NICE (Neutron-Induced Carcinogenic Effects)


The NICE research project aims to improve our understanding of the biophysical effects surrounding neutron dose deposition in human tissue.

PI: John Kildea


  • Michael Evans (McGill)
  • Norma Ybarra (McGill)
  • Richard Richardson (CNL)
  • Jacques Dubeau (Detec Inc.)
  • Ioannis Ragoussis (McGill Genome Centre)
  • Patricia Tonin (RI-MUHC Cancer Research Program)

Current team members:

  • Luc Galarneau (research associate)
  • Logan Montgomery, M.Sc. (Ph.D. candidate)
  • Laura Patterson, M.Sc. (Ph.D. candidate)
  • Felix Mathew, M.Sc. (Ph.D. candidate)
  • James Manalad, B.Sc. (M.Sc candidate)

Former team members:

  • Chris Lund (M.Sc.)
  • Georges Al Makdessi (M.Sc.)
  • Robert Maglieri (M.Sc.)
  • Rafael Khatchadourian (M.Sc.)
Some members of the NICE research

Part of the NICE research team with the Nested
Neutron Spectrometer. Left to right: Robert Maglieri,
Michael Evans, John Kildea, Angel Licea.

Published Research Papers by the NICE team

F. Mathew, G. Al Makdessi, L. Montgomery, M. Evans, and J. Kildea. The impact of treatment parameter variation on secondary neutron spectra in high-energy electron beam radiotherapy. Accepted for publication in the European Journal of Medical Physics (Physica Medica), 2020.

F. Mathew, C. Chilian, L. Montgomery, and J. Kildea. Development of a passive gold-foil nested neutron spectrometer to validate the active current-mode He-3 measurements in a high neutron fluence rate radiotherapy environment. Nuclear Instruments and Methods in Physics Research Section A: Accelerators, Spectrometers, Detectors and Associated Equipment, 985:164662, 2020.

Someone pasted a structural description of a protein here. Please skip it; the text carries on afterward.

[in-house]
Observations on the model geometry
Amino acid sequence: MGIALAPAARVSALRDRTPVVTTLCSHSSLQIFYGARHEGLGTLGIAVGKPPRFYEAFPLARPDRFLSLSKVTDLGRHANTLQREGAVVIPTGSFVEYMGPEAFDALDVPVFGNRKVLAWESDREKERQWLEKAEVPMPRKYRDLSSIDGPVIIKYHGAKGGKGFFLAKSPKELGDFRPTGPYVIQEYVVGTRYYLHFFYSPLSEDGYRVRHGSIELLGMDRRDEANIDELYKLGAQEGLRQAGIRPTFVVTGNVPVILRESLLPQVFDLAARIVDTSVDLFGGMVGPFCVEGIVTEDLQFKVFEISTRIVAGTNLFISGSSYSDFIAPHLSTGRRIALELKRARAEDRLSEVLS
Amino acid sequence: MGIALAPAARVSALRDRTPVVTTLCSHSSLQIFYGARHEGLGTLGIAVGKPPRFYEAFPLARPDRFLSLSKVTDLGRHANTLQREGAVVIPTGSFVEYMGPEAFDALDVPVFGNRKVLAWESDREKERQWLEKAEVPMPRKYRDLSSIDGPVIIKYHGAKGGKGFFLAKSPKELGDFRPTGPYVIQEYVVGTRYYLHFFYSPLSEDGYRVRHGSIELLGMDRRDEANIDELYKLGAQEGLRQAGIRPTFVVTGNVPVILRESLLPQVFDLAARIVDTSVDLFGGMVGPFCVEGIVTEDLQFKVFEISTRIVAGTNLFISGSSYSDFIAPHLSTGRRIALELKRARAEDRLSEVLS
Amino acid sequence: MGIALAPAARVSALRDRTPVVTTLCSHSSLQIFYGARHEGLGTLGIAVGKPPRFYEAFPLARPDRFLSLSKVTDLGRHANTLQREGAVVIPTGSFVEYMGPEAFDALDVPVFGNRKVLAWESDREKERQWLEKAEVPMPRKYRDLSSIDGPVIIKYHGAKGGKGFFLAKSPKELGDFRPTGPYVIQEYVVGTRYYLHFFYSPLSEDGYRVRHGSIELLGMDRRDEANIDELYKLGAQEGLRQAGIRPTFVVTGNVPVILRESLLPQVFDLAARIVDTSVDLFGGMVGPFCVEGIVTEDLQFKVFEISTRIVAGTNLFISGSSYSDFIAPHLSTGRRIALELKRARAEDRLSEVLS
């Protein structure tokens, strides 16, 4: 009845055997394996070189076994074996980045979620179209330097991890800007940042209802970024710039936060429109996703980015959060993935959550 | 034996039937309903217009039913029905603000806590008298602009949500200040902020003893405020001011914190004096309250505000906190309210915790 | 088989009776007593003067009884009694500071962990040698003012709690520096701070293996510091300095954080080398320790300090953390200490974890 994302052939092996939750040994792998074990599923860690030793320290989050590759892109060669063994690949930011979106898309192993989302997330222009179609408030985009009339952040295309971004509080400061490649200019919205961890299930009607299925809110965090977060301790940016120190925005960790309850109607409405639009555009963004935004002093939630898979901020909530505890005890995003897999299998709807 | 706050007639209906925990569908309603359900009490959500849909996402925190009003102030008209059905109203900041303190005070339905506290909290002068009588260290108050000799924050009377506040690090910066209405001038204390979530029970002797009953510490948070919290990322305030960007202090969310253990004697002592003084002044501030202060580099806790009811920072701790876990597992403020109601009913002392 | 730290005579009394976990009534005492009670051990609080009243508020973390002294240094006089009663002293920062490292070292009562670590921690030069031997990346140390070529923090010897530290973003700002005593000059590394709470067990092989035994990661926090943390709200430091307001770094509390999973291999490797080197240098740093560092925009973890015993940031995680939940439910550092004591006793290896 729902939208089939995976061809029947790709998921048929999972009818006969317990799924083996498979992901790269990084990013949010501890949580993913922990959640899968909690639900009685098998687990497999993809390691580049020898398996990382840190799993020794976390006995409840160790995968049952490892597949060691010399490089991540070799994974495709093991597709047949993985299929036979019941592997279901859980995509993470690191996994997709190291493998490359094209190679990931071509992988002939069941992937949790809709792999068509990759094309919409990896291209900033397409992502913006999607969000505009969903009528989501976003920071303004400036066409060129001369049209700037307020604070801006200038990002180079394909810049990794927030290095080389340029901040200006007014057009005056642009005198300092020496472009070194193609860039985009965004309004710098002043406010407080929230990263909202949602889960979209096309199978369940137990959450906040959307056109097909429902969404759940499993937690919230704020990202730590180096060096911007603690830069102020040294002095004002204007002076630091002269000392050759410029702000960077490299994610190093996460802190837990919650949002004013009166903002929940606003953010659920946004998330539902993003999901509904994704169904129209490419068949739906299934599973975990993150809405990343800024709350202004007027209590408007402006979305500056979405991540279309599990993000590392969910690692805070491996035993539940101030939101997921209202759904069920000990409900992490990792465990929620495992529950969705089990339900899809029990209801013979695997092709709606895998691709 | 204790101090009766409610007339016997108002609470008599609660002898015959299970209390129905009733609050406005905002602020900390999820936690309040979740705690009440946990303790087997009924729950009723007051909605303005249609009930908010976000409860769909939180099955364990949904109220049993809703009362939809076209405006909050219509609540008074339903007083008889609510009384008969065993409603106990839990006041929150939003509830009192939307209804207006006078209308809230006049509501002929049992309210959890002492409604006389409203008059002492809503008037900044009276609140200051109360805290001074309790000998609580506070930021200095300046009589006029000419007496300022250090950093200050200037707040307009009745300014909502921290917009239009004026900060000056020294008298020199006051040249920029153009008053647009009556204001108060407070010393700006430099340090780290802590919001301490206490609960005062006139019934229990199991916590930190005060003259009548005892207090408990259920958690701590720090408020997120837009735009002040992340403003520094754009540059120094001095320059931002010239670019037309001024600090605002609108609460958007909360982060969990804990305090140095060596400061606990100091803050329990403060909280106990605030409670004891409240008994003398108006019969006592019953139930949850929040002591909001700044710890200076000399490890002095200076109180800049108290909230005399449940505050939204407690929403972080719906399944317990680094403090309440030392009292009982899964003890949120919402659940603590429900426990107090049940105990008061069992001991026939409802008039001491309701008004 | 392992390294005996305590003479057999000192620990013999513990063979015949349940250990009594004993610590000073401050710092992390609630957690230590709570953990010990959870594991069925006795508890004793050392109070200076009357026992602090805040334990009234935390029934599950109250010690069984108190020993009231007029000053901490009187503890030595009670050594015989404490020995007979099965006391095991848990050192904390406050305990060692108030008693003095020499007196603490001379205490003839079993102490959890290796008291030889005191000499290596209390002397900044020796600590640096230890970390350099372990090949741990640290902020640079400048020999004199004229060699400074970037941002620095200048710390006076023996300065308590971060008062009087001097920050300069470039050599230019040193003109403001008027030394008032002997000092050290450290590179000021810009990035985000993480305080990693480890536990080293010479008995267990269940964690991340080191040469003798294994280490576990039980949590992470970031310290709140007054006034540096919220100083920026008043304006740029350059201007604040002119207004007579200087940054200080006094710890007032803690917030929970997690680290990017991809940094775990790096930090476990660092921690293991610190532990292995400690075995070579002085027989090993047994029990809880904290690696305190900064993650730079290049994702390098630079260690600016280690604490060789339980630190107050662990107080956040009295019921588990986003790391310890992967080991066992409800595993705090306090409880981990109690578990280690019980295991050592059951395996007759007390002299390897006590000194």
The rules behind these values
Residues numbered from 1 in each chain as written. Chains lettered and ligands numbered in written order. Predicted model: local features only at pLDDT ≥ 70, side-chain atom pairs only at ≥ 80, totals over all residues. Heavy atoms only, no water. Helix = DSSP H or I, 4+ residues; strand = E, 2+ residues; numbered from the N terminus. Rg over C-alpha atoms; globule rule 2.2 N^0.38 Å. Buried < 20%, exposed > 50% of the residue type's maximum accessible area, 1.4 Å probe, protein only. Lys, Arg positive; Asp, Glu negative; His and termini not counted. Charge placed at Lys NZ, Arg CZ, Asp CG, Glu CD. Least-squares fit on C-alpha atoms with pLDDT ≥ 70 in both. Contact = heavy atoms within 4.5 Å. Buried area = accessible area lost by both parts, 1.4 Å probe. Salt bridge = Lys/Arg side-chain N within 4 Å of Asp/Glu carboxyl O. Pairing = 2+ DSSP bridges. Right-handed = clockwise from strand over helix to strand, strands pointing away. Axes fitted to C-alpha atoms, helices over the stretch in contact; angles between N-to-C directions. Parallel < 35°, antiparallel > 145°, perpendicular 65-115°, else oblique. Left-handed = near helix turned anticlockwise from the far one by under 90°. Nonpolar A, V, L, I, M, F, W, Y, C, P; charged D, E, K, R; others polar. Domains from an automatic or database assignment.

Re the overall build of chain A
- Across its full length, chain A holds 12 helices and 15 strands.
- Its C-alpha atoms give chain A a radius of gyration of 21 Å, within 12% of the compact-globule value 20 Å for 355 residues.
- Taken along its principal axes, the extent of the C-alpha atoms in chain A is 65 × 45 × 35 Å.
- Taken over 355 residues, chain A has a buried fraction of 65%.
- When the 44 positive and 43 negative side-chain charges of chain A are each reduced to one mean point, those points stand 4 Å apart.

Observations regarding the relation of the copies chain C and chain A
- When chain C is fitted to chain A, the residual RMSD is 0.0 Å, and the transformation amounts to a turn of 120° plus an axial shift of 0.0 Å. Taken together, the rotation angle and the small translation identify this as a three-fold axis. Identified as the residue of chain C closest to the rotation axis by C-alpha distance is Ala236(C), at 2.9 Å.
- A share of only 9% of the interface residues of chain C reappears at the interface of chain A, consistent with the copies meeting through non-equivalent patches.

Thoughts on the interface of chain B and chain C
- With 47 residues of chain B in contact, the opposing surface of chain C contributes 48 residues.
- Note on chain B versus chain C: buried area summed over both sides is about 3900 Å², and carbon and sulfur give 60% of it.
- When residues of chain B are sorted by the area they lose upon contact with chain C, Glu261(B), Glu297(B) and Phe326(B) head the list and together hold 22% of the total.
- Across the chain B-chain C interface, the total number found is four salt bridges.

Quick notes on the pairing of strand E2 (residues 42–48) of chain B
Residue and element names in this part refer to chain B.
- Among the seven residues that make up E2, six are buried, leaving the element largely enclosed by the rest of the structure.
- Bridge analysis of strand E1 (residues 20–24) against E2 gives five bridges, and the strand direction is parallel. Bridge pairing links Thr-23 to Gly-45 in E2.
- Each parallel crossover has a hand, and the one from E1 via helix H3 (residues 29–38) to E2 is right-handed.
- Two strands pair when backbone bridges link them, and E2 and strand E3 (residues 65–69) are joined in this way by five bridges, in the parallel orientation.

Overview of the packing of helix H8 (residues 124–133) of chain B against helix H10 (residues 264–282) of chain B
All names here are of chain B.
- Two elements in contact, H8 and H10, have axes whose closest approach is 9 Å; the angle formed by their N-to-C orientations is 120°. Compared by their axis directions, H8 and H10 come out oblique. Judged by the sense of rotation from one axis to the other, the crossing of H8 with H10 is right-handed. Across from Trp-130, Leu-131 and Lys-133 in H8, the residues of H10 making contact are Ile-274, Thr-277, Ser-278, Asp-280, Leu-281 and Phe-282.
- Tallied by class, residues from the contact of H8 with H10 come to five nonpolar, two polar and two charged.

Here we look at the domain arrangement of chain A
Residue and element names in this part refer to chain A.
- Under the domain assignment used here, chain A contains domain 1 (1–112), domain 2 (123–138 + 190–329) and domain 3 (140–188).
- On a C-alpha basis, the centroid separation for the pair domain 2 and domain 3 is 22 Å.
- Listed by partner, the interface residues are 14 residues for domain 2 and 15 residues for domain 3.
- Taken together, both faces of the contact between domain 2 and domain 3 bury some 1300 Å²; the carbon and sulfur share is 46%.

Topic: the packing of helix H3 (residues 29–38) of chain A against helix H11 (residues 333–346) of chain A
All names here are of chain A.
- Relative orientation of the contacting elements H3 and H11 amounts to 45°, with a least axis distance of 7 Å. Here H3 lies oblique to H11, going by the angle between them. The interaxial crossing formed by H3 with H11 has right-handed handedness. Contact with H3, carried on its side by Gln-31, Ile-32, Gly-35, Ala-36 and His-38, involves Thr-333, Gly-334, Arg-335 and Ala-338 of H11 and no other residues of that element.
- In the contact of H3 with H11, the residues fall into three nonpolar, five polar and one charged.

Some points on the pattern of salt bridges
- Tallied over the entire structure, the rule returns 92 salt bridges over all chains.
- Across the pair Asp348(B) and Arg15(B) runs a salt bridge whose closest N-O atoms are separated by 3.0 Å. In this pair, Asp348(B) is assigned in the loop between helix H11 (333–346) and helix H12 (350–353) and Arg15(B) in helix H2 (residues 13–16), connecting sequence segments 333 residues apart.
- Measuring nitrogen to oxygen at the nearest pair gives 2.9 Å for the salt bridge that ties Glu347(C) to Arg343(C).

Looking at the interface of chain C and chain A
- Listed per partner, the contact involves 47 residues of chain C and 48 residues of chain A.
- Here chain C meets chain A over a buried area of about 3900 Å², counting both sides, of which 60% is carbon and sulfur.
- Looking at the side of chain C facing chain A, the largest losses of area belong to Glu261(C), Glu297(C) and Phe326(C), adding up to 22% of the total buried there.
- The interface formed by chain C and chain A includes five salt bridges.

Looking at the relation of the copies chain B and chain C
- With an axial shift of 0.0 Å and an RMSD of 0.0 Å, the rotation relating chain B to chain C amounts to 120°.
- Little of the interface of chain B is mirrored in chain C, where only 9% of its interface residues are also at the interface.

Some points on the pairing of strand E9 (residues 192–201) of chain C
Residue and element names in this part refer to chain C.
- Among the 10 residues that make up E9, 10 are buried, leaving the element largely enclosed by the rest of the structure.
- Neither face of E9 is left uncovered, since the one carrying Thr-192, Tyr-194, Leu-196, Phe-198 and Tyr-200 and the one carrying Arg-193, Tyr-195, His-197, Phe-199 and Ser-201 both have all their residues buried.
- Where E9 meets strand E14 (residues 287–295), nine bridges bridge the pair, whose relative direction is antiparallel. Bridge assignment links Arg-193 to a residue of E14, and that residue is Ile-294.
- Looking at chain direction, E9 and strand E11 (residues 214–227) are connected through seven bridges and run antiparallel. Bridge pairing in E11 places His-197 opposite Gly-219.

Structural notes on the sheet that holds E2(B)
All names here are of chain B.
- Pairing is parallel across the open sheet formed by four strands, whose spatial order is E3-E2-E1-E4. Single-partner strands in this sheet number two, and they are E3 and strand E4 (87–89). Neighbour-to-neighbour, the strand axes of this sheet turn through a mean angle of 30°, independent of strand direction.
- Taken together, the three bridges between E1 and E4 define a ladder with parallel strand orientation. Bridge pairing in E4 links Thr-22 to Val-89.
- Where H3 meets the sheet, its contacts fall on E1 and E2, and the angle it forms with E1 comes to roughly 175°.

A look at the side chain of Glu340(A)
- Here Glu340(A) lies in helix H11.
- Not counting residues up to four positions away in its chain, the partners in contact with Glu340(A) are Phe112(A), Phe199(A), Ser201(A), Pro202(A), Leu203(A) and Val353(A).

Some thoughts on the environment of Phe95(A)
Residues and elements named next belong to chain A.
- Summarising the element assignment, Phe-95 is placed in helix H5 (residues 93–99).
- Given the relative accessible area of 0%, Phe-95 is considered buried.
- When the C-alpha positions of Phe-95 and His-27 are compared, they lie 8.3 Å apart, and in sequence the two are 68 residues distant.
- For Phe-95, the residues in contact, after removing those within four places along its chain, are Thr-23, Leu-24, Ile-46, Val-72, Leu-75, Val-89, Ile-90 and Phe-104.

L. Montgomery, A. Landry, G. Al Makdessi, F. Mathew, and J. Kildea. A novel MLEM stopping criterion for unfolding neutron fluence spectra in radiation therapy. Nuclear Instruments and Methods in Physics Research Section A: Accelerators, Spectrometers, Detectors and Associated Equipment, 957:163400, 2020.
C. Lund, G. Famulari, L. Montgomery, and J. Kildea. A microdosimetric analysis of the interactions of mono-energetic neutrons with human tissue. Physica Medica, 73:29–42, 2020.

L. Montgomery, M. Evans, L. Liang, R. Maglieri, and J. Kildea. The effect of the flattening filter on photoneutron production at 10 MV in the Varian truebeam linear accelerator. Medical physics (, 2018.

F. Ali, J. Atanackovic, C. Boyer, A. Festarini, J. Kildea, L. Paterson, R. Rogge, M. Stuart, and R. B. Richardson. Dosimetric and microdosimetric analyses for blood exposed to reactor- derived thermal neutrons. Journal of Radiological Protection, 2018.

J. Kildea. The Canadian neutron-induced carcinogenic effects research program-a research program to investigate neutron relative biological effectiveness for carcinogenesis with a particular focus on secondary (by-product) neutrons in high-energy radiation therapy. Radiation Environment Medicine, 6(2):55–61, 2017.